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Head Over Heels for Barefooting - Barefooting + Kids

Author // Bill Ades

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Barefooting + Kids

Barefooting is especially recommended for children! Keeping children’s feet free to move and breathe without the confines of shoes is a healthy choice with lasting effects. Walking barefoot helps build arches and strengthens the muscles and ligaments in the feet and ankles. Even walking on uneven ground, such as sand and grass, is good for an infant’s feet, since it makes the muscles work harder and actually strengthens and structurally develops the feet.

Tracy Byrne, a U.K.-based podiatrist specializing in podopediatrics, notes, “The more parents know about the structure of children’s feet, the more we can prevent footwear-related damage being done.” In 2007, the podiatry journal The Foot published research showing that when young, developing feet are forced to conform to shoes, significant unnatural structural and functional changes result.

“Toddlers keep their heads up more when they are walking barefoot,” says Byrne. “The feedback they get from the ground means there is less need to look down, which is what puts them off balance and causes them to fall down.”

Doctors of chiropractic agree. Children keeping their heads up improves their posture, spinal balance and overall nerve system function. Additionally, there is evidence that the natural motion of bare feet positively affects overall neurological function and brain development. Other than the spine, the foot is the anatomical region which contains the most proprioceptive sensory receptors, distinctive nerve circuits that pertain to spatial relationships and affect numerous aspects of brain and neurological development. Because of the magnitude of this sensory input, natural, unrestricted movement of the feet is vital for overall neurological well-being. These factors have lifelong consequences for a healthy, functional nervous system.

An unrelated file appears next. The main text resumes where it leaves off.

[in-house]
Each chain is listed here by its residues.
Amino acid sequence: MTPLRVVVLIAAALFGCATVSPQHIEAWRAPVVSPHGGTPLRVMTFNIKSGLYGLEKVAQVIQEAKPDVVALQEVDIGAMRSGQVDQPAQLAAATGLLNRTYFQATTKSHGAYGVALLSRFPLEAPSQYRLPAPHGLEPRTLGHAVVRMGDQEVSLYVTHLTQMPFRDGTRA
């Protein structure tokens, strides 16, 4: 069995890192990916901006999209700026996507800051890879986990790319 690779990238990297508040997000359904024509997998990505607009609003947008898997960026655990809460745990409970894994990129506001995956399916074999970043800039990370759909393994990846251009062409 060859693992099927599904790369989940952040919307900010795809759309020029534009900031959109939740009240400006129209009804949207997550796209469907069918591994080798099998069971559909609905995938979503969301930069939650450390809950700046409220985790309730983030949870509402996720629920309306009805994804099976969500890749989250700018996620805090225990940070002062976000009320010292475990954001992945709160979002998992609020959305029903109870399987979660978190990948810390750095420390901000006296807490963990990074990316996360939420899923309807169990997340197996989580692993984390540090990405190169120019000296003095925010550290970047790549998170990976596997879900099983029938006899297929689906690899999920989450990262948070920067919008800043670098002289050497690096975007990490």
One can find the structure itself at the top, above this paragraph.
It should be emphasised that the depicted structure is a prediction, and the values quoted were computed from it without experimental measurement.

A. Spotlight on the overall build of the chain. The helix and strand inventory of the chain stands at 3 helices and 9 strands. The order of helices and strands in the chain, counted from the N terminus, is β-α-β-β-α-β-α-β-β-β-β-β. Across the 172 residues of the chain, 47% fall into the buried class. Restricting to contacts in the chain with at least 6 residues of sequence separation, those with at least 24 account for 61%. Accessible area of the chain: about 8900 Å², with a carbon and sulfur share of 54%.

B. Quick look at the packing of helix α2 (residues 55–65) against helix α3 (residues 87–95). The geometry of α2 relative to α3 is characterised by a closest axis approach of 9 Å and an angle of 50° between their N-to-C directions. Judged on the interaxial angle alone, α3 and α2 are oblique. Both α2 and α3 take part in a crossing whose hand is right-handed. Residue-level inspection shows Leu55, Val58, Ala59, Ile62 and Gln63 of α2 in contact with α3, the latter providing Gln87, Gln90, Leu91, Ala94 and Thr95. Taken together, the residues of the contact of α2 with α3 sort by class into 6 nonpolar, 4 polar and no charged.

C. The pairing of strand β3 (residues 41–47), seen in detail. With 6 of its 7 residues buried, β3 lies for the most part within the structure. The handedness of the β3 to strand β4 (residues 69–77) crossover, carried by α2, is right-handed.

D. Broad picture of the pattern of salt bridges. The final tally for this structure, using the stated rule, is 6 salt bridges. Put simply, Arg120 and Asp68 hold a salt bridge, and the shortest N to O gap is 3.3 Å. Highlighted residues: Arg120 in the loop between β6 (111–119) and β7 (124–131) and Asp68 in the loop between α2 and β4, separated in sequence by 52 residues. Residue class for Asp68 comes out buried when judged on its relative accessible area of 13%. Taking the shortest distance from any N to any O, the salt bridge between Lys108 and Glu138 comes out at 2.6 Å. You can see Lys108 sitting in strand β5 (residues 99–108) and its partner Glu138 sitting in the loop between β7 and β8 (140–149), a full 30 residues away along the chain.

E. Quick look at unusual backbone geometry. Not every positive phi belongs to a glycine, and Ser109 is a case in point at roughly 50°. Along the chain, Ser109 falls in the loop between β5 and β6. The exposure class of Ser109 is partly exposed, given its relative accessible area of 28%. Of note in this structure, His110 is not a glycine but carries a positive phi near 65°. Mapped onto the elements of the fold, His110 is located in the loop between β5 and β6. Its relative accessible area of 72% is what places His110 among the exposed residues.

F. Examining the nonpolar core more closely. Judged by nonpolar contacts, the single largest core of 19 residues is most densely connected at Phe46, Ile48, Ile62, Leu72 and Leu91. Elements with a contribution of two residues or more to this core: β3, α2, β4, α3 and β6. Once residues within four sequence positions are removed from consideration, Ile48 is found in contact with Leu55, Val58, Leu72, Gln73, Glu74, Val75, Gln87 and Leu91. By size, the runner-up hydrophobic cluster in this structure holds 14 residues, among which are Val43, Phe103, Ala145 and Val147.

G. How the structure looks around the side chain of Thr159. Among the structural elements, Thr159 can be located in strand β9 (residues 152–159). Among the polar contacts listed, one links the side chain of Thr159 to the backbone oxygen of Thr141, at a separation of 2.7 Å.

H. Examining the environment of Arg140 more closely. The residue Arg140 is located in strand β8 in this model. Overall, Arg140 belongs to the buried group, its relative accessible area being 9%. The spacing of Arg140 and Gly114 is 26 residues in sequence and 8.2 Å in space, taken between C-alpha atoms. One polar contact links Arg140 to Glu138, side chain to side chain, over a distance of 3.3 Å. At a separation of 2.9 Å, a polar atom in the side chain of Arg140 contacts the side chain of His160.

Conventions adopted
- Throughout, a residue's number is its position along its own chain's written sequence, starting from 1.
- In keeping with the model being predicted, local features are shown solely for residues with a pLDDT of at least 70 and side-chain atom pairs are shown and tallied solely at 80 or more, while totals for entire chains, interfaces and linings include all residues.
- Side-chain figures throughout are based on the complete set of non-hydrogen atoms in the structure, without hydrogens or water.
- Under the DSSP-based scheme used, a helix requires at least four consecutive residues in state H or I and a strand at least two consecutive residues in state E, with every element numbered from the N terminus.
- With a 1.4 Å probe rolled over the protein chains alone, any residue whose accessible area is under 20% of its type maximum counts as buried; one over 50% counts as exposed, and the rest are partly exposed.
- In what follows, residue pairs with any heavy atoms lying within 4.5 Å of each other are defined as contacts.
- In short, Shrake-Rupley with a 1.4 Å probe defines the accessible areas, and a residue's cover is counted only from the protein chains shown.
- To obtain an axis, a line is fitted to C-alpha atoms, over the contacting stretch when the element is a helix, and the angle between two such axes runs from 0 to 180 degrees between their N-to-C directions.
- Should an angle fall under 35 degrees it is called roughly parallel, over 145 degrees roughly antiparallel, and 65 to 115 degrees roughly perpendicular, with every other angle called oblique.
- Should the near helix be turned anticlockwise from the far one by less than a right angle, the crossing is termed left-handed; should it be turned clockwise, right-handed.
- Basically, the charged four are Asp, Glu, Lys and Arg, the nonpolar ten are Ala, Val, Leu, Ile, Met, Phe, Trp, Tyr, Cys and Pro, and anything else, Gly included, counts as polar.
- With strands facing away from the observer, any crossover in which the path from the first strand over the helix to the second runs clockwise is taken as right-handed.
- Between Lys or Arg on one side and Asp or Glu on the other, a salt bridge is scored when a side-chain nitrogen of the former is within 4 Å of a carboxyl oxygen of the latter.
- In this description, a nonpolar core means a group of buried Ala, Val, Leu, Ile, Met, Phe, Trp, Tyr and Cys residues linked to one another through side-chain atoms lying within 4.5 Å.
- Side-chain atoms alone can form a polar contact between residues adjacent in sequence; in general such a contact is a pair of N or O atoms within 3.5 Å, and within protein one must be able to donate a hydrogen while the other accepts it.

When choosing footwear for your children, barefoot is best, and appropriate far more often than we normally allow. When shoes are absolutely needed, soft-soled, comfortable shoes are best. They might cost a bit more, and they might not fit in with the trendy styles that flash and shine the latest cartoon hero, but they permit maximum movement, and the imperative flexibility with that motion. This will support the healthiest development of the feet…and of the baby’s developing brain and nerve system.


About the Author:

Jeanne Ohm, D.C., is an author, instructor and practicing chiropractor whose special emphasis is on chiropractic for children and in pregnancy. She is the executive director of the International Chiropractic Pediatric Association and can be reached on Facebook.





Pathways Issue 29 CoverThis article appeared in Pathways to Family Wellness magazine, Issue #29.

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